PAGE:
For all the derision that Pitchfork’s hip hop coverage inspires, Nate Patrin’s treatise on the ongoing influence of Dilla reads among the most compelling and comprehensive that I’ve read anywhere. It’s easy to play the connect the dots game with Dilla, but much harder to assess the specifics of his subtly shifting sound and analyze why it has had such a seismic impact — it is about far more than him being dead and off-beat drums. This paragraph is a pretty much perfect summation:
“His immaculate sense of rhythmic interplay and carefully built atmospherics were what put him in the upper echelon of producers in the late 1990s, and his creative restlessness and experimentation were what kept him there through the 00s. He was never content to wring every last drop out of one of his stylistic phases, opting instead to move on once he felt he’d hit a particular zenith. This left him with a body of work that was a succession of distinct yet naturally progressing phases, exploring and evolving where other great producers were merely content to inch forward or simply maintain. And that’s how he managed to be such a distinct influence on so many artists, whether they were traditional hip-hop heads, farsighted futurists, or home-studio 4-track operators.”
The article limns Dilla’s key releases, from Da’ Enna C.’s “Now” through Donuts. Excised was a bullet point on Stones Throw and the Dilla estate’s recent collaboration with Serato, which Nate accurately described as “fitting that one of the most recent official releases of Dilla’s work, a small collection of instrumentals dubbed Donut Shop, was co-branded by the digital DJ mixing equipment manufacturer Serato. Go ahead, it says, see what you can build from this.” Recently, the Roots released a free mixtape of instrumental Dilla re-workings that I missed in the 50 post-a-day haze that defines the Internet. Maybe you did too. It is posted below and recommended for the various votaries. Plus, Stones Throw’s release of the six cuts from the Donut Shop.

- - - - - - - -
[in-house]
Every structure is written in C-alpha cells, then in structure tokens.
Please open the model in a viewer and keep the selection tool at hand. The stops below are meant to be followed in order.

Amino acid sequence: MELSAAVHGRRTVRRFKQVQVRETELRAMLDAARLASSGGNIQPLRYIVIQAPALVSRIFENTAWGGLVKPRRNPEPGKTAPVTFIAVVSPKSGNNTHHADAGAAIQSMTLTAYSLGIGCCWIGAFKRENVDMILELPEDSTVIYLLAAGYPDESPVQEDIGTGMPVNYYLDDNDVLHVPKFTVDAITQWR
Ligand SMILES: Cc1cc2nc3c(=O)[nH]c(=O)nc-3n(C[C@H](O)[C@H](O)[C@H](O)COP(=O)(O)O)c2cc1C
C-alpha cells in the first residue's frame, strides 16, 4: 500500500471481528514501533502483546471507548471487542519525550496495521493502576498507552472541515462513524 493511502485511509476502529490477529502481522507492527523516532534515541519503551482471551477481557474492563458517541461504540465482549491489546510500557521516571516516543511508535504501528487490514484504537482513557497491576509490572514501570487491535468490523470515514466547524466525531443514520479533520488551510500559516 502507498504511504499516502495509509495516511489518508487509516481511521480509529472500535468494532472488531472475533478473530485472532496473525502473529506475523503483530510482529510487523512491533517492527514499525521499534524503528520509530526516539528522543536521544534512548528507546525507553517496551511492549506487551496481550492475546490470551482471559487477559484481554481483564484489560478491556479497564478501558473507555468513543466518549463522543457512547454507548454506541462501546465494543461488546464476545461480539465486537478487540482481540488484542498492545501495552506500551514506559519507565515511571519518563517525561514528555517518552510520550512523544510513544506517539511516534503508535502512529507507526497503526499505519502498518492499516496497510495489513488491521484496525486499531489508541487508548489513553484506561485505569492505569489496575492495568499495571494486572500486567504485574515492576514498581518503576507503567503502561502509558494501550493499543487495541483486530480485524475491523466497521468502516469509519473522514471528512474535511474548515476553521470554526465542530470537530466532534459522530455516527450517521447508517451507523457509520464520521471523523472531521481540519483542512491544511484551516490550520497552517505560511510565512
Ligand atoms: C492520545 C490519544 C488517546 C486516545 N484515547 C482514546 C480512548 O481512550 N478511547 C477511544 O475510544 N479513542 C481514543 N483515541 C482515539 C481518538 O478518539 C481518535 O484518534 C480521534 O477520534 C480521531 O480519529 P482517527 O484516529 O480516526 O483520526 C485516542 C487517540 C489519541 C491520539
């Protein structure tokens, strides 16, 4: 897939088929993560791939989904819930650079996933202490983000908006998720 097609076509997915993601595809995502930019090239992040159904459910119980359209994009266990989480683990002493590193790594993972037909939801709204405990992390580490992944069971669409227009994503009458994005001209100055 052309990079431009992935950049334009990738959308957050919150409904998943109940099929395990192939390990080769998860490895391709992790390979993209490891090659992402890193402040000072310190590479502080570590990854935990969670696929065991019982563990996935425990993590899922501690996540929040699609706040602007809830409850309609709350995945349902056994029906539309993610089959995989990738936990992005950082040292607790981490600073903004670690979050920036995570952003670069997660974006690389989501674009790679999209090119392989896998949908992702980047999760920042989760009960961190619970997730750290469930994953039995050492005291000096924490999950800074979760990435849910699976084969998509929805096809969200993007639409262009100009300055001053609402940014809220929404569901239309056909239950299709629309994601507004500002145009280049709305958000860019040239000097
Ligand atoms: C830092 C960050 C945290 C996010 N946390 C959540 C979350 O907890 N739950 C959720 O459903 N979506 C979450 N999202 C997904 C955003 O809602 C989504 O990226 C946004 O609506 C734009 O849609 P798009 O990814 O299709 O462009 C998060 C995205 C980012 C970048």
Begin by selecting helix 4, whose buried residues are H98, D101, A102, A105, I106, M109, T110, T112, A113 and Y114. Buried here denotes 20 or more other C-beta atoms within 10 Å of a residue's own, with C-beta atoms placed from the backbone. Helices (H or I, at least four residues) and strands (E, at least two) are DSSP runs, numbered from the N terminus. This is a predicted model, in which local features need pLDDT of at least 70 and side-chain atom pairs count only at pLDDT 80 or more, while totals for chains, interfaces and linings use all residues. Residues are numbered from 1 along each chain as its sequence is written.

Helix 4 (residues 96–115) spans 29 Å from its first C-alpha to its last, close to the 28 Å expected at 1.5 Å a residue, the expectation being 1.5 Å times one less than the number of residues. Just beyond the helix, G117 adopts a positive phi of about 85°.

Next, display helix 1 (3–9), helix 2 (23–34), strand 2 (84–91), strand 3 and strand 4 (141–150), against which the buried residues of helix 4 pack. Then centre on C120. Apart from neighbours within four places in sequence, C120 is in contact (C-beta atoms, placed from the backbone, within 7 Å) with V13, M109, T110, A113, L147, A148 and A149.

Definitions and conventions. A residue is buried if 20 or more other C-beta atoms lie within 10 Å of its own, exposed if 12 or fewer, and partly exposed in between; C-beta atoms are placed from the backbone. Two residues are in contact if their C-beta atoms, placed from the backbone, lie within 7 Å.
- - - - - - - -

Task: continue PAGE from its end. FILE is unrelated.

While I’m on the topic of Midwesterners hailing from economically depressed one-time industrial hubs, I’m also posting YoursTruly’s mini-documentary on Freddie Gibbs. I’ve said enough about Gibbs and it’s impossible to top this Complex interview, but credit Will Abramson and co. for wringing something poignant and interesting out of an increasingly well-known narrative. –Weiss